professionals—a roller coaster engineer, an amusement park manager, and a physicist, for example—involved in developing and running amusement parks. Other information that students need to complete the task must be obtained from encyclopedias, textbooks, films, and other sources that they locate. Students can also engage in several interdisciplinary activities, such as determining the geographic factors that affect the success of theme parks, or writing a description of a trip to an amusement park.
The wraparound teacher's guide provides brief overview information on the module's structure and activities. It includes suggestions for guiding specific student activities, a scoring rubric for a performance assessment at the end of the unit, and a list of resources.
Prices: Teacher's guide with video, $18.00. Student book, $7.95. Classroom package, $115.00. Publisher/supplier: Addison Wesley/Longman. Materials: Available locally.
Bernie Zubrowski. Models in Physical Science (MIPS) series. White Plains, N.Y.: Cuisenaire, 1994.
Recommended grade level: 6-8. Tops and Yo-Yos contains 8 activities that help students learn about rotational motion while collaboratively building and launching tops and yo-yos. The required materials are inexpensive, familiar objects such as plastic plates and drawer knobs, so students can easily experiment with them and alter their characteristics. Among the activities, students launch and time different tops to determine the characteristics that produce different spin times. They also design their own tops to see which kinds spin longest. They investigate the relationship between weight and spin time, and they assemble different kinds of yo-yos and compare their spin times. Several of the investigations in Tops and Yo-Yos require data collection and representation.
The guide includes reproducible pages for students, directions for teachers on the assembly and use of equipment and materials, suggestions for introducing and leading the activities and for follow-up discussions, and embedded assessments. Many of the activities also include ideas for further investigations.
Prices: Teacher's guide (ISBN 0-938587-37-4), $12.50. Kit, $225.00. Publisher/supplier: Cuisenaire/Dale Seymour Publications. Materials: Available locally, from commercial suppliers, or in kit.
Robert Gardner. Yesterday's Science, Today's Technology Science Activities series. New York, N.Y.: Twenty-First Century Books, 1994.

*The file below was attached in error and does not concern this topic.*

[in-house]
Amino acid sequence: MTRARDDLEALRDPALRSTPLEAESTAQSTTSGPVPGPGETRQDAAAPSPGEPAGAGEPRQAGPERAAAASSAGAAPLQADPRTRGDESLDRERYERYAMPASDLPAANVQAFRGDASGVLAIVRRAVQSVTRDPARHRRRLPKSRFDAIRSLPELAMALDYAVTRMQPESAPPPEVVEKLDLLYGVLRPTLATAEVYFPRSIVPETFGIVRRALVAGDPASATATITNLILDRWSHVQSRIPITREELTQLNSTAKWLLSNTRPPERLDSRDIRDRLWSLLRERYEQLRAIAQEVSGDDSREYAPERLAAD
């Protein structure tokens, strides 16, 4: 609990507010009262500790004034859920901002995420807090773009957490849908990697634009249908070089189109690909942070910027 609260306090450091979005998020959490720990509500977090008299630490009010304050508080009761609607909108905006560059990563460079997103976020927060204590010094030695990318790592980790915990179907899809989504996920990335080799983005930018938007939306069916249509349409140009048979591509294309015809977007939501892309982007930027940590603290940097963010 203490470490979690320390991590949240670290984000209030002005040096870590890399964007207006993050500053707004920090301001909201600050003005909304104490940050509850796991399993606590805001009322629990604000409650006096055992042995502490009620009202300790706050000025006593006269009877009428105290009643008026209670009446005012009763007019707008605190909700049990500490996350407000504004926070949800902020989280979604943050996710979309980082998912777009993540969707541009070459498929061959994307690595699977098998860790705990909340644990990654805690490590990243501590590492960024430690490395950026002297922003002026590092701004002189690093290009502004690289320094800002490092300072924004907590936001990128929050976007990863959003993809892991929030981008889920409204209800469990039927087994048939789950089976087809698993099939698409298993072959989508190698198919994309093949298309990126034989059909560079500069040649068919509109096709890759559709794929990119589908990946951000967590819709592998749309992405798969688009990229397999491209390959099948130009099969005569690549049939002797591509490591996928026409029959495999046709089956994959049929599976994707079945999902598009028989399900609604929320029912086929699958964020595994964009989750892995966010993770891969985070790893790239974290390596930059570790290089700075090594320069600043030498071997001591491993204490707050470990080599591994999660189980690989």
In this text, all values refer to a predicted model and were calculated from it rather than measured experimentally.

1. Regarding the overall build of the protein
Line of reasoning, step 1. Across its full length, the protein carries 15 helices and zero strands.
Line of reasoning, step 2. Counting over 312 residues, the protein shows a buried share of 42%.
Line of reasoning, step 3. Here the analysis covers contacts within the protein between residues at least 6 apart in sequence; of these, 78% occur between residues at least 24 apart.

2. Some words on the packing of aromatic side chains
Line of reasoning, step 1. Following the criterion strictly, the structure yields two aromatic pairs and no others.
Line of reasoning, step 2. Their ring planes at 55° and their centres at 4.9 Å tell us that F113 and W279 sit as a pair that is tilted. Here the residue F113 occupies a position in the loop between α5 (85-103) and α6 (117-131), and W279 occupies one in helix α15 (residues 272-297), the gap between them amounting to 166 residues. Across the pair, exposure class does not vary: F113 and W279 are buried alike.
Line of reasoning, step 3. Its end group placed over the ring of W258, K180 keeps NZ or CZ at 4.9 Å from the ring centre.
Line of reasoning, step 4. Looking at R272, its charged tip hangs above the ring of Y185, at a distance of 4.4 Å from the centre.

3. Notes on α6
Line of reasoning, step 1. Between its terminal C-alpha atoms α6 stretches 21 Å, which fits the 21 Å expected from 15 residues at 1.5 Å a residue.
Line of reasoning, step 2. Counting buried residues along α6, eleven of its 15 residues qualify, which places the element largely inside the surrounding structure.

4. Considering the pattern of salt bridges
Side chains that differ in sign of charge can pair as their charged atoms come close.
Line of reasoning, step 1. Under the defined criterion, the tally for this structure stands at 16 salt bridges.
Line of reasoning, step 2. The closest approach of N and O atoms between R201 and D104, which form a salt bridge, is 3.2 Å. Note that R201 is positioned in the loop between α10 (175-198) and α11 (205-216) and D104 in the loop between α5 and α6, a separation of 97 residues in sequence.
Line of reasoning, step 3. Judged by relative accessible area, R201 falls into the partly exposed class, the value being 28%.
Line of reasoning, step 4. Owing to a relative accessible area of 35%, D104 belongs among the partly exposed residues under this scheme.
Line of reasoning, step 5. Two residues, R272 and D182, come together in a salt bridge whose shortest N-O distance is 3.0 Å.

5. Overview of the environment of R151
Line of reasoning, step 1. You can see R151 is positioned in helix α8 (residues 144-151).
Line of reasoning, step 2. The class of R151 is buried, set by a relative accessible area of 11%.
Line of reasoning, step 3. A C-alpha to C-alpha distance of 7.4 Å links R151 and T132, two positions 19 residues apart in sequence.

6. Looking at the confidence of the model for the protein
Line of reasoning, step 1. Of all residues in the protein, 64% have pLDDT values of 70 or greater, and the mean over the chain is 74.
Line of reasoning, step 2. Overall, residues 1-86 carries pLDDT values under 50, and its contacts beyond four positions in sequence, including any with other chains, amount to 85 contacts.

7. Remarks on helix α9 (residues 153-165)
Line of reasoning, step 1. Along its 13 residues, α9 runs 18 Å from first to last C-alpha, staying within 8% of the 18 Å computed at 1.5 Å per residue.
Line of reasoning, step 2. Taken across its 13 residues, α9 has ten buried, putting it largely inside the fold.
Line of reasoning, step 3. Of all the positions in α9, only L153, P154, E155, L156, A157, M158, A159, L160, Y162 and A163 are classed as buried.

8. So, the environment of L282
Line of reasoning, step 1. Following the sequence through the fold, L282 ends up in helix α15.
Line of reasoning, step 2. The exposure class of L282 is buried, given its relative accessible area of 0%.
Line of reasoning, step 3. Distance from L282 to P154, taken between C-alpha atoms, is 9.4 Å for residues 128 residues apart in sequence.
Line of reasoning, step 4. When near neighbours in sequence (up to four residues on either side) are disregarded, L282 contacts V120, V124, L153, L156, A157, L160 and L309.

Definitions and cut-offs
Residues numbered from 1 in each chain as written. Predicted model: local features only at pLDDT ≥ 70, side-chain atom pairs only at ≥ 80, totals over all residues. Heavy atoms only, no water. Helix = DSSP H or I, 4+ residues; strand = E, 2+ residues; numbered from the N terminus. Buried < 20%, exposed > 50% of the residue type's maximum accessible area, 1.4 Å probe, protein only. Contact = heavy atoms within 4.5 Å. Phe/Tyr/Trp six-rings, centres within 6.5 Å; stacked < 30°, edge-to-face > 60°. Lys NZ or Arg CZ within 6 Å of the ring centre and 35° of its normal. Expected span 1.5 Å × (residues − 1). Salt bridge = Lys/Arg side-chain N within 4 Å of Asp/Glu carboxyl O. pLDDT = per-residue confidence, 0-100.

Recommended grade level: 6-8. In Transportation, 17 activities written for students help them investigate some of the science and technology associated with different types of transportation, such as cars, trains, boats, and airplanes. Topics addressed in the unit include friction, wheels, gears, ball bearings, air pressure, levitating magnets, Archimedes' principle, and aerodynamics. Among the activities, for example, students compare the forces needed to move a wagon on wheels or on rollers. They use a bicycle and a pair of spring scales to see how changing gears changes both speed and the force one has to exert on the pedals. They also compare the forces involved in floating a block of wood and a ball of clay in water, design paper airplanes, and use a water hose to demonstrate the action of a jet engine.
Each activity includes a brief historical or science background section on the scientific discoveries of people such as James Watt, Henry Ford, and the Wright Brothers. Colorful illustrations, directions, and questions in the narrative then guide students through the activity. Although students can do most of the activities without supervision, several of them may require the assistance of adults. Some of the activities require materials such as a bike, wagon, or playground seesaw that may not be readily available. Many activities also need to be done outside.
Price: $16.98 (ISBN 0-8050-2853-6). Publisher/supplier: Von Holtzbrinck (VHPS). Materials: Available locally.
Paul C. Beisenherz and Marylou Dantonio. Portsmouth, N.H.: Heinemann, 1996.
Recommended grade level: 6-8. Using the Learning Cycle to Teach Physical Science discusses and gives examples of a science teaching strategy—the learning cycle—that emphasizes science as a process of inquiry rather than as a body of knowledge, and uses questions, activities, and experiences to guide students in constructing science concepts on their own. The first part of the book discusses the rationale for this approach and its use in teaching science. The second part then gives examples of how the cycle can be used to teach 6 basic physical science concepts: (1) Bernoulli's principle, (2) acids and bases, (3) properties of gases, (4) expansion and contraction of gases, (5) circuits, and (6) density.
A series of between 9 and 17 short activities is given for each of the 6 basic concepts. For example, for the learning cycle sequence on circuits, students are asked to see how many ways they can make a bulb light using a battery and copper wire